Your mother was an All-American at Tennessee-Martin: what made her choose the Skyhawks, and how good a player was she back in the day? From what I know she was a very good player. She told me stories of when the women’s game was a half-court sport featuring 3-on-3 situations. One of her coaches would sub her in and out so she could play both offense and defense. She credited a lot of her success to playing 2-on-2 in a hayloft while growing up with her three brothers.

She won a silver medal with the first US women’s national team at the 1976 Olympics: what did it mean to her to represent her country as co-captain? It was huge for her and something that she really had to work for after tearing her ACL. She still talks to her Olympic coach Billie Moore every day. It took a lot of dedication just to make the team, and the younger players relied on her for leadership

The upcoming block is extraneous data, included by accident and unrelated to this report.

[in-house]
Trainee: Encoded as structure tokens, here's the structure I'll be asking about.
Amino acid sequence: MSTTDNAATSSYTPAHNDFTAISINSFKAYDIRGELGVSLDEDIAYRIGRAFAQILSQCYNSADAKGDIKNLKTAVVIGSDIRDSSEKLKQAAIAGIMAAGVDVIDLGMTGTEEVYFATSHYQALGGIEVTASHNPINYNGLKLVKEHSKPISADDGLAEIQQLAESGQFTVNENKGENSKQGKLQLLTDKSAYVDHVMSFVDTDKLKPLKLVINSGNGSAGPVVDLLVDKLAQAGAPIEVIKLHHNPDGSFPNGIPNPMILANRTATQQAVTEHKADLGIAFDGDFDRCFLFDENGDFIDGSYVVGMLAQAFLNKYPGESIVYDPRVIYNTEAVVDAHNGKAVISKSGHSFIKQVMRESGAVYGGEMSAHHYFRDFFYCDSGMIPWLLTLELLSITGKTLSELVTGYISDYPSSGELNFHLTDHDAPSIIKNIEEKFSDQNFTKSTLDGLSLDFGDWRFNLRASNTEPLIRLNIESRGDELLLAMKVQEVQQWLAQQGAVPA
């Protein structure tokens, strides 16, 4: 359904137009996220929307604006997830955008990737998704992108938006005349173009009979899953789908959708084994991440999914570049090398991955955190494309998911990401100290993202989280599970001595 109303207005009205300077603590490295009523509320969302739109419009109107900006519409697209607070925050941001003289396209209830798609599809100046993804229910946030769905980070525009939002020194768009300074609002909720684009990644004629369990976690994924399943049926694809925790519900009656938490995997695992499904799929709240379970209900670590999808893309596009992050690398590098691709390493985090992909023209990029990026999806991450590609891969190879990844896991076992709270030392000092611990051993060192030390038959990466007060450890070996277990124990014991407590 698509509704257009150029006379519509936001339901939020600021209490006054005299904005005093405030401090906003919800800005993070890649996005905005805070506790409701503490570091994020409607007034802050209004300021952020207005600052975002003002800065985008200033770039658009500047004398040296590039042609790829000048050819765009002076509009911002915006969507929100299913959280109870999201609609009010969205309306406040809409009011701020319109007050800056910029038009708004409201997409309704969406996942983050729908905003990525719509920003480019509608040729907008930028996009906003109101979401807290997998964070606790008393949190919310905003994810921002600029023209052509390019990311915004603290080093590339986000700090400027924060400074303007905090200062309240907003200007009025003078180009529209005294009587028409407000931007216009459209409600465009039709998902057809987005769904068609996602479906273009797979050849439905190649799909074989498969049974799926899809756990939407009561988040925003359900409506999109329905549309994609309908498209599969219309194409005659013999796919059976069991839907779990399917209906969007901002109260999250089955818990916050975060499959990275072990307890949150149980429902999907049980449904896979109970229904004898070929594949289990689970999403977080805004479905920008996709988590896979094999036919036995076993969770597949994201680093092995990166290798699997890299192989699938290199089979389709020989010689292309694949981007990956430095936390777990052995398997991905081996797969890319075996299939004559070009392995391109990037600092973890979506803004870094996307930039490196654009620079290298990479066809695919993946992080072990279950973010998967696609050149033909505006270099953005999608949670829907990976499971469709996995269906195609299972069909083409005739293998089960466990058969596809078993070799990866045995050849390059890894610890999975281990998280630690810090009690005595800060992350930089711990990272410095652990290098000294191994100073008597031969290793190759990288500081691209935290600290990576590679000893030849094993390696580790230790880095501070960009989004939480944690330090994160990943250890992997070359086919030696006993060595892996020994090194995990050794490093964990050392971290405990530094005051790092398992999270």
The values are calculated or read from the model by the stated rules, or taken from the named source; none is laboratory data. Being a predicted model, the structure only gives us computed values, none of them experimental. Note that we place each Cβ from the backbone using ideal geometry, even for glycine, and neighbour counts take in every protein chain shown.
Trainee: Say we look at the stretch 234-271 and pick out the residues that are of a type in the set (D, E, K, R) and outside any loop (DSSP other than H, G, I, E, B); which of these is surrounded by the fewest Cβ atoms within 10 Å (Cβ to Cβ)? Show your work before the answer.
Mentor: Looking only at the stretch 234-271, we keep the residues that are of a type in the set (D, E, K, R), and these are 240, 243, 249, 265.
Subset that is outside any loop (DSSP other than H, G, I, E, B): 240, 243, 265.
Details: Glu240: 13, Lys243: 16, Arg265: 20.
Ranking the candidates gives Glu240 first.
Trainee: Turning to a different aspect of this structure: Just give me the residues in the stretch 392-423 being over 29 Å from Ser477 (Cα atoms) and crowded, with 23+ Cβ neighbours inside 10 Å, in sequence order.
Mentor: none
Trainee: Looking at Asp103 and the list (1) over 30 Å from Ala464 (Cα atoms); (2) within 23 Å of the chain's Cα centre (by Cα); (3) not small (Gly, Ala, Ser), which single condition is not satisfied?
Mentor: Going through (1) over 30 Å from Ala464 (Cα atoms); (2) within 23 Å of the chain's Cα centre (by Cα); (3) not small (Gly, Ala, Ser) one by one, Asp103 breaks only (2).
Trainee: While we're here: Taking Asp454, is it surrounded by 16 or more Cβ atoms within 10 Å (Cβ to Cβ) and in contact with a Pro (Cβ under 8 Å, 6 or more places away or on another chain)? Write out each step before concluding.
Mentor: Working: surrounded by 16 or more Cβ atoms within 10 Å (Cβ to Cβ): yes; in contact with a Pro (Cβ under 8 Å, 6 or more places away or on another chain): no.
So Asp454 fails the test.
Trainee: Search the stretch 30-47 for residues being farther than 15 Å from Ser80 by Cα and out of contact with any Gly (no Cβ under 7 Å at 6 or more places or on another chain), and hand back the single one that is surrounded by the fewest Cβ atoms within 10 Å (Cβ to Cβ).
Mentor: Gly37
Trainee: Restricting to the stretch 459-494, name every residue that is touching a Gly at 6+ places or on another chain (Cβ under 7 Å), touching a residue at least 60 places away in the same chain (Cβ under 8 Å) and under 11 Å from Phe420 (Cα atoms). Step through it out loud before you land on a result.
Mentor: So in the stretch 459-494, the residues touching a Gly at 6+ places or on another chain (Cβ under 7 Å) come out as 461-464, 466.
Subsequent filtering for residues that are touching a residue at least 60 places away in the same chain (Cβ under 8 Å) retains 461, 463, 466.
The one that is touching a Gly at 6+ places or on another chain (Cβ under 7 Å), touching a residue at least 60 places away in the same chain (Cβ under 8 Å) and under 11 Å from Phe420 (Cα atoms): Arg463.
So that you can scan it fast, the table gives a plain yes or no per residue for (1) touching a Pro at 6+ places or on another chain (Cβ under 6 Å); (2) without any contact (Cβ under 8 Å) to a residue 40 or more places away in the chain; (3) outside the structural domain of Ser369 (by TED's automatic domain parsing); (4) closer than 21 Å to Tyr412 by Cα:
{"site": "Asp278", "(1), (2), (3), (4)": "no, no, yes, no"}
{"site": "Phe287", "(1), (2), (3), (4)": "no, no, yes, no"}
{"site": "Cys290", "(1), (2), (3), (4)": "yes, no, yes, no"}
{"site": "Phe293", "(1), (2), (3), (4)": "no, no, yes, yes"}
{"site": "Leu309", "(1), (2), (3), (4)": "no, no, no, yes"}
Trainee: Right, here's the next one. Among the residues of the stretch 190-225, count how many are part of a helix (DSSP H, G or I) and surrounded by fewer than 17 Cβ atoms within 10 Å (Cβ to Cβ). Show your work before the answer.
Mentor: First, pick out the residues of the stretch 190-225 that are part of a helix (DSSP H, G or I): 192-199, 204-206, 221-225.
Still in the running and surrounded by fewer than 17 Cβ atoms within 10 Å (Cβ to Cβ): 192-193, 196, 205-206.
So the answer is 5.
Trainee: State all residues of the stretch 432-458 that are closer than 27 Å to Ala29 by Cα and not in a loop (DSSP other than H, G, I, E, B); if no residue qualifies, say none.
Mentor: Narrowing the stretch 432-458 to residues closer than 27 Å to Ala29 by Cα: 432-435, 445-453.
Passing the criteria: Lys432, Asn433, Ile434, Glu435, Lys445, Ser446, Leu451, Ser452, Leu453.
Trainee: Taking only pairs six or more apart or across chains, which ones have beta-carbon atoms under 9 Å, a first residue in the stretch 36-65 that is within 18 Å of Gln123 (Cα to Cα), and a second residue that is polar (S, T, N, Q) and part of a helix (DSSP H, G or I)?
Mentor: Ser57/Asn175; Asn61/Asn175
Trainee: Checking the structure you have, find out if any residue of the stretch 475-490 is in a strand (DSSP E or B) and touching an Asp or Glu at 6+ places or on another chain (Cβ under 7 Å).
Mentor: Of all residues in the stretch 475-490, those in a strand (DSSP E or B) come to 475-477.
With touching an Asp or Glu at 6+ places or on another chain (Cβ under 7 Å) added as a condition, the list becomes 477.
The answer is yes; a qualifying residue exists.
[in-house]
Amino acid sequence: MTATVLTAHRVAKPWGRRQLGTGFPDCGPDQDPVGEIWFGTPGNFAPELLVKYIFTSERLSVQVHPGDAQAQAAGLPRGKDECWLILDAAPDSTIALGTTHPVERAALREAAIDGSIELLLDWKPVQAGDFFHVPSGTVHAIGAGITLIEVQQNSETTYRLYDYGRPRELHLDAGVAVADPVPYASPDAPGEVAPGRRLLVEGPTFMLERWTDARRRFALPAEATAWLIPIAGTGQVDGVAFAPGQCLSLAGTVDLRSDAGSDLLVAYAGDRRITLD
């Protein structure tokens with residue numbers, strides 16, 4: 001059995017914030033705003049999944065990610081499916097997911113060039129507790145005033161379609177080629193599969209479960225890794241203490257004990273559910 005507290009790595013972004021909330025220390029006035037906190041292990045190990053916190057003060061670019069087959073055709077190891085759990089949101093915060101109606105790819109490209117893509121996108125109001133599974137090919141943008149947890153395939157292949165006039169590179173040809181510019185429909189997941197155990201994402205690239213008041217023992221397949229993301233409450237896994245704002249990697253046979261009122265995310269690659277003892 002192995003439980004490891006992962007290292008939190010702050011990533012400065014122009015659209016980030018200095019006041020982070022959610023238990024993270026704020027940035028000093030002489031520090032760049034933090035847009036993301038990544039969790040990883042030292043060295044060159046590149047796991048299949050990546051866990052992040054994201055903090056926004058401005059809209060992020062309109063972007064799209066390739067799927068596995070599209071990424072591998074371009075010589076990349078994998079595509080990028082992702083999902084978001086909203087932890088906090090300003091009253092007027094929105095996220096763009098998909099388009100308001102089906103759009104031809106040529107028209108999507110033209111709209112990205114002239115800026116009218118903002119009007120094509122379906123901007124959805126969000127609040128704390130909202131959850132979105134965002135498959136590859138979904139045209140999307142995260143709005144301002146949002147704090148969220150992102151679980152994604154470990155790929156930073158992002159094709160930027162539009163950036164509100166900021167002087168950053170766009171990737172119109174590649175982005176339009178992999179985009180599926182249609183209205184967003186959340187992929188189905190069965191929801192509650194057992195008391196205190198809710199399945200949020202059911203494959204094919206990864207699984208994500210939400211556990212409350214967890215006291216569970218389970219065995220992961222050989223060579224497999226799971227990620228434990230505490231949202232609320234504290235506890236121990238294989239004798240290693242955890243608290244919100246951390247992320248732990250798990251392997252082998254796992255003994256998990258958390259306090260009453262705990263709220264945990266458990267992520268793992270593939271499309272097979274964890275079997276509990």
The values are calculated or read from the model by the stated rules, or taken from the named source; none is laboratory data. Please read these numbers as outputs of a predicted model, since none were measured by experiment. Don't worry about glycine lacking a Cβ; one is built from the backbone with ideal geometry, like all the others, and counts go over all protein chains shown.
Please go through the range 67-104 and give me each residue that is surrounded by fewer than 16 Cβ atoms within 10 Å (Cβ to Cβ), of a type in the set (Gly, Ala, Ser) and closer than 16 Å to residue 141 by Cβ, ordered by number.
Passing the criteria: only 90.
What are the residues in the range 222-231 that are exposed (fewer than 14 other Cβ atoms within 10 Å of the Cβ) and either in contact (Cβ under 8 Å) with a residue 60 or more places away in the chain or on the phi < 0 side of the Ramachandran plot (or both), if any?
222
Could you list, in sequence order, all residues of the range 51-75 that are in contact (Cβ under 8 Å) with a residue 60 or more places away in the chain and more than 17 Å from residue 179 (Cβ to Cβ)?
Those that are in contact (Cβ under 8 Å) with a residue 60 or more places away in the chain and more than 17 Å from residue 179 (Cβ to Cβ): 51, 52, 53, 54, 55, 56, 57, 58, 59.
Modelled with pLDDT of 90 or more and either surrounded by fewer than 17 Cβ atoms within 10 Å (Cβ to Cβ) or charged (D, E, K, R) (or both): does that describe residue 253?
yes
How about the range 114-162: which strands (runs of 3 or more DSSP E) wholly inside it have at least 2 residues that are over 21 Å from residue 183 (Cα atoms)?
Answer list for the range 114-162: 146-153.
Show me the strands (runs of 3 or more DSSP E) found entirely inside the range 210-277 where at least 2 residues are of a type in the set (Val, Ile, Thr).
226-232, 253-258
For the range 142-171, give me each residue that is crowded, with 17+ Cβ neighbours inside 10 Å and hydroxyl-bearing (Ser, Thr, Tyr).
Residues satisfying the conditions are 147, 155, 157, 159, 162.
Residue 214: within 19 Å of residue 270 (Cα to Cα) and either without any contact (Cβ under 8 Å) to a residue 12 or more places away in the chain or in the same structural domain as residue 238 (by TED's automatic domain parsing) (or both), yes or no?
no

She became head coach at Tennessee at age 22: what is it like to become a head coach at such a young age, and can you imagine earning $250 per month while having to wash the players’ uniforms and drive the team van?! I cannot imagine having to do the things she did as a head coach, but am grateful to her and the other coaches back then: we owe a lot of our careers to them for paving the way. She had to teach a class and train to be a player and coach her own players, which is a whirlwind to deal with at age 22.  Fortunately, coaching came naturally to her.

At the 1984 Olympics she coached the US women’s team to a gold medal: what did it mean to her to win a gold medal? She would always draw on the Olympics as something important that she looked back on. Even now she can remember coaching in the Olympics: the memories have always stuck with her.